Another innovative program we are proud to support is the Case Management Centre in Lae.

The Centre is staffed by case workers who help women and children receive medical support as well as immediate shelter, legal support and other services they need.

Through our Pacific Women program, we are also supporting Oxfam to develop the Women Human Rights Defenders Network, continuing their impressive work rescuing victims of extreme, and sorcery related, violence and helping families reintegrate into society.

We continue to support the law and justice sector, helping police, prosecutors and magistrates to improve legal protections for survivors of family and sexual violence.

Through our aid program, Australia has supported the establishment of 14 Family and Sexual Violence Units in police stations across PNG.

Magistrates and district court clerks have received specialist training to improve practices for issuing Interim Protection Orders – these are valuable short-term interventions aimed at preventing further violence in the home or community.

There is no better way to promoting gender equity than educating women and girls.

And we commend the PNG Government for its free-school fee policy. This is creating many more opportunities for girls as well as for boys.

The Australian Government provides around 500 scholarships for Papua New Guineans to study at health and education institutions across PNG.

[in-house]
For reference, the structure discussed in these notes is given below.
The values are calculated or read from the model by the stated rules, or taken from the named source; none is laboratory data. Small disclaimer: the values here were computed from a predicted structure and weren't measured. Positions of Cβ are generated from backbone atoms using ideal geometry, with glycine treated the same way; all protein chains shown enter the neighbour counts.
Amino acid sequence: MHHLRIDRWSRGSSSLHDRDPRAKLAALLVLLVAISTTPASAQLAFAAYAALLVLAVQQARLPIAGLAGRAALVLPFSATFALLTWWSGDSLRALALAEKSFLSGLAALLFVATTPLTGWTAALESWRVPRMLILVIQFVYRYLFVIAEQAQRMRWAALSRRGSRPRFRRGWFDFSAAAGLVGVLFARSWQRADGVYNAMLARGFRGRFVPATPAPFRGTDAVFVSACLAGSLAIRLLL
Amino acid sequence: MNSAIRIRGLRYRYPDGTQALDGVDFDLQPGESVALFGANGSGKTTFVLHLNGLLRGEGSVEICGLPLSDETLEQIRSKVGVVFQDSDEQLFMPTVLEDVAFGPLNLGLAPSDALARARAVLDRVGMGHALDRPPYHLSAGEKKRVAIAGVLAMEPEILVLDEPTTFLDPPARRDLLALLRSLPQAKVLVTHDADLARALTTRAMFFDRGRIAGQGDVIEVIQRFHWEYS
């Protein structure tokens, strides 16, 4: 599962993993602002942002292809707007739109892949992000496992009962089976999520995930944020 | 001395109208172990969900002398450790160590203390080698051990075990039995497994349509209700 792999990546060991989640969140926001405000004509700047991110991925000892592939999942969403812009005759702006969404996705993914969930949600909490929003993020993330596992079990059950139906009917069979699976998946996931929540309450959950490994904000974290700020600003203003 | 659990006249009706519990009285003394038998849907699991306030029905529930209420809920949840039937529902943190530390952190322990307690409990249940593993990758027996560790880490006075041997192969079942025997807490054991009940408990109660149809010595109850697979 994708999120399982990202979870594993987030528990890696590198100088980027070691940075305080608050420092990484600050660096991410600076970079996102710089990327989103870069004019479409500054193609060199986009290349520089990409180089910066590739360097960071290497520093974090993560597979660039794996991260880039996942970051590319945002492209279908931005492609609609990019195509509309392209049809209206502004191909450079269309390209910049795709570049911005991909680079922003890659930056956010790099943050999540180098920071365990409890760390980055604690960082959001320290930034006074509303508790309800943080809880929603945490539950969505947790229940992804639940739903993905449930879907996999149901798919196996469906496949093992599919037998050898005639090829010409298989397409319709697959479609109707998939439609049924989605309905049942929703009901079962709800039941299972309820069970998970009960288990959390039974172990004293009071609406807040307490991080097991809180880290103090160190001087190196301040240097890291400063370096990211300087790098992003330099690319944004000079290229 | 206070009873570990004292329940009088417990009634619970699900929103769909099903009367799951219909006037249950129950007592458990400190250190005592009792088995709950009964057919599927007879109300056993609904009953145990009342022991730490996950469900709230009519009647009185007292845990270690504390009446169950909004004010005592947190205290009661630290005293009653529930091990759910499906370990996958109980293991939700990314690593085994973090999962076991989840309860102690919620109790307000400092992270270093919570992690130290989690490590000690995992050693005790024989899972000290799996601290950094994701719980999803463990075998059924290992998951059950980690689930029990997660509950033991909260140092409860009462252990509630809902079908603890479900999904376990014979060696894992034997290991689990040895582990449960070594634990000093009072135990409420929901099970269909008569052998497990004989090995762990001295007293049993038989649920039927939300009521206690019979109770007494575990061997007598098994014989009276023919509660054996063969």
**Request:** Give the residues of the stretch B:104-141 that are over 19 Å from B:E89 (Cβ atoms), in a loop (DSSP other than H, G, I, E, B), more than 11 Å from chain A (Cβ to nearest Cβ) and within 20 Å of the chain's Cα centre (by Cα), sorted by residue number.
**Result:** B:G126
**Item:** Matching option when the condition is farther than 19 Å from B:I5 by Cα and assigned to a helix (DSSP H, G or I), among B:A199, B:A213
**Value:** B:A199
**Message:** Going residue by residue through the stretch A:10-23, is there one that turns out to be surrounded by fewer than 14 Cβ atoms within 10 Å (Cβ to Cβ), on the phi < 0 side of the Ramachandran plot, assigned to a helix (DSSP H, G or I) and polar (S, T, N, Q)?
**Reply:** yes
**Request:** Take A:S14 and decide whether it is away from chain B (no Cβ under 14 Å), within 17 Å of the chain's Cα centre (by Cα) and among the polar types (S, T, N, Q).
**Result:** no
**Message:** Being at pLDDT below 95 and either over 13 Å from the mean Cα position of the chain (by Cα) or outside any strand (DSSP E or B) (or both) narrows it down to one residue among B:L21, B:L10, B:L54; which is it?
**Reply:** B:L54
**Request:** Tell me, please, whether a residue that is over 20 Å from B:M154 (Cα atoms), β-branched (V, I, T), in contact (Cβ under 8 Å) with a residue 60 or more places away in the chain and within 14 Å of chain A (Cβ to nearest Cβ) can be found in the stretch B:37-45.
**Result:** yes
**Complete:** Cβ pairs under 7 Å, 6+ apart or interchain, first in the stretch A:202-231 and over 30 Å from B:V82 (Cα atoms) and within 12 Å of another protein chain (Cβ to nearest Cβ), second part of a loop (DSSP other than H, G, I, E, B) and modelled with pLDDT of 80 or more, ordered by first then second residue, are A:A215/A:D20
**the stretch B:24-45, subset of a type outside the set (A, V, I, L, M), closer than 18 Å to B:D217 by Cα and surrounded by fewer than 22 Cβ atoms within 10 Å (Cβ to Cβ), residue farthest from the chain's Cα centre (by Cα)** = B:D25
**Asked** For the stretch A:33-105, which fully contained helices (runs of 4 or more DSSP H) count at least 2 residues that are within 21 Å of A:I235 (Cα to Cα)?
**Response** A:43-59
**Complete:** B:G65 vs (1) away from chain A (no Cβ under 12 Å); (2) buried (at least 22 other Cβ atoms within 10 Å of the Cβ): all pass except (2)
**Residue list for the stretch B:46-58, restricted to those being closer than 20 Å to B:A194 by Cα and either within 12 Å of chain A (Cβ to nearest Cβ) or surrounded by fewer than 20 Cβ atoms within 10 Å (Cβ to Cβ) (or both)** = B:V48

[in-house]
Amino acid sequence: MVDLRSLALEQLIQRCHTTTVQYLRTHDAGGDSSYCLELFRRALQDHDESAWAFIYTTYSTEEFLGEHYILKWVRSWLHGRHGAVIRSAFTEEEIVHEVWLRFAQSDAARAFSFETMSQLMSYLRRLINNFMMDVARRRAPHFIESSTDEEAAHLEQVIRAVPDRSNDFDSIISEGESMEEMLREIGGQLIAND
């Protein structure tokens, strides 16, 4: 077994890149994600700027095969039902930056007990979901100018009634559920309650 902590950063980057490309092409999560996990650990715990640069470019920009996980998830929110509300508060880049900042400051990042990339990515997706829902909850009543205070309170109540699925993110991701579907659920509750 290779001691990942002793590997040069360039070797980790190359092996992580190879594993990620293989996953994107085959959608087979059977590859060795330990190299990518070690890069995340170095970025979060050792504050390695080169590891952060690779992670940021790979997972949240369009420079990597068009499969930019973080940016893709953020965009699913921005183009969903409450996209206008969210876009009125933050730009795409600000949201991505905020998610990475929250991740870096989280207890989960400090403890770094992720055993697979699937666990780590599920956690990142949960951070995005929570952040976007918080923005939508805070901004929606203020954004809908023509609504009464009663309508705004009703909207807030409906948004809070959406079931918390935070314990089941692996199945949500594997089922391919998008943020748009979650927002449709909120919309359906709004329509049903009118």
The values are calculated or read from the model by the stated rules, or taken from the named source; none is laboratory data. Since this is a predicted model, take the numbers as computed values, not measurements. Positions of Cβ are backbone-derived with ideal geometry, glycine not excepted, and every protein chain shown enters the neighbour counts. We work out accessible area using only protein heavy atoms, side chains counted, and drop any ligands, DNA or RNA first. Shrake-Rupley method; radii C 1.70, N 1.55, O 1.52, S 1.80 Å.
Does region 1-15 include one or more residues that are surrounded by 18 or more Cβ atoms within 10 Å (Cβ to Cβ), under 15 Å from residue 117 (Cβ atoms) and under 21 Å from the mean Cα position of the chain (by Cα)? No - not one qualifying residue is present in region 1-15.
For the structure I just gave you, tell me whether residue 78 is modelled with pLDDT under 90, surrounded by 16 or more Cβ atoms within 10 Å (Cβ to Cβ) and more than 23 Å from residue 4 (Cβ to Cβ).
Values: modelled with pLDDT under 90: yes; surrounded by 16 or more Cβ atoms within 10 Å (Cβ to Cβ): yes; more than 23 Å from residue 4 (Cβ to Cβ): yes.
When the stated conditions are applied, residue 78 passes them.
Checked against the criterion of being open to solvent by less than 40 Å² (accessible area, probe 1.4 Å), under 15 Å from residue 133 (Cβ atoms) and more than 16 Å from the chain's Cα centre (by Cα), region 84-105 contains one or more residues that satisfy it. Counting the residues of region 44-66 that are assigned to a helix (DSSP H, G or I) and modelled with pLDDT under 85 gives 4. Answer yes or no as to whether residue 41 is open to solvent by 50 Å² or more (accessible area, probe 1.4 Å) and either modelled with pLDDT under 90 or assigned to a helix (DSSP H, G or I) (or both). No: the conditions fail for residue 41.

Around 70 per cent of awardees last year were women.

We also provide around 150 scholarships to Papua New Guineans to undertake tertiary studies in Australia.

At least 50 per cent of these scholarships are awarded to women. Last year, Papua New Guinean women received 55 per cent of all awards for study in Australia.

This year we will provide 10 scholarships to female students at Enga Teachers Training College to undertake the country’s first and only, two year elementary teacher training program.

We are also working to support women in leadership.

Last week, in partnership with the Department of Personnel Management, 20 female public servants were awarded an Australia Awards Fellowship.

Female leaders from the public service will undertake a Graduate Certificate in Governance and Public Policy at the University of Queensland in Australia.

This certificate can be used as a building block for a Master’s degree at a later stage.

A further eight women public servants from a number of government departments participated in a two day executive short course in Governance and Public Policy.

This is the first training delivered under the new Australia-PNG Pacific Leadership and Governance Precinct involving the IPA and the University of PNG.

The course was delivered by the University of Queensland in Partnership with the University of PNG.

All of these initiatives are examples of how we are working to support women and girls in PNG.

Today, I hope that this book and film we are launching will encourage all of us to think about our roles in preventing violence, and how together we can create a future that is safe and secure for all women and children.

I congratulate FHI360 for this work.

I hope the new book and film will be accessed widely throughout PNG.

It is my pleasure to launch this photobook and film and to invite you to join me in viewing Harim Mi.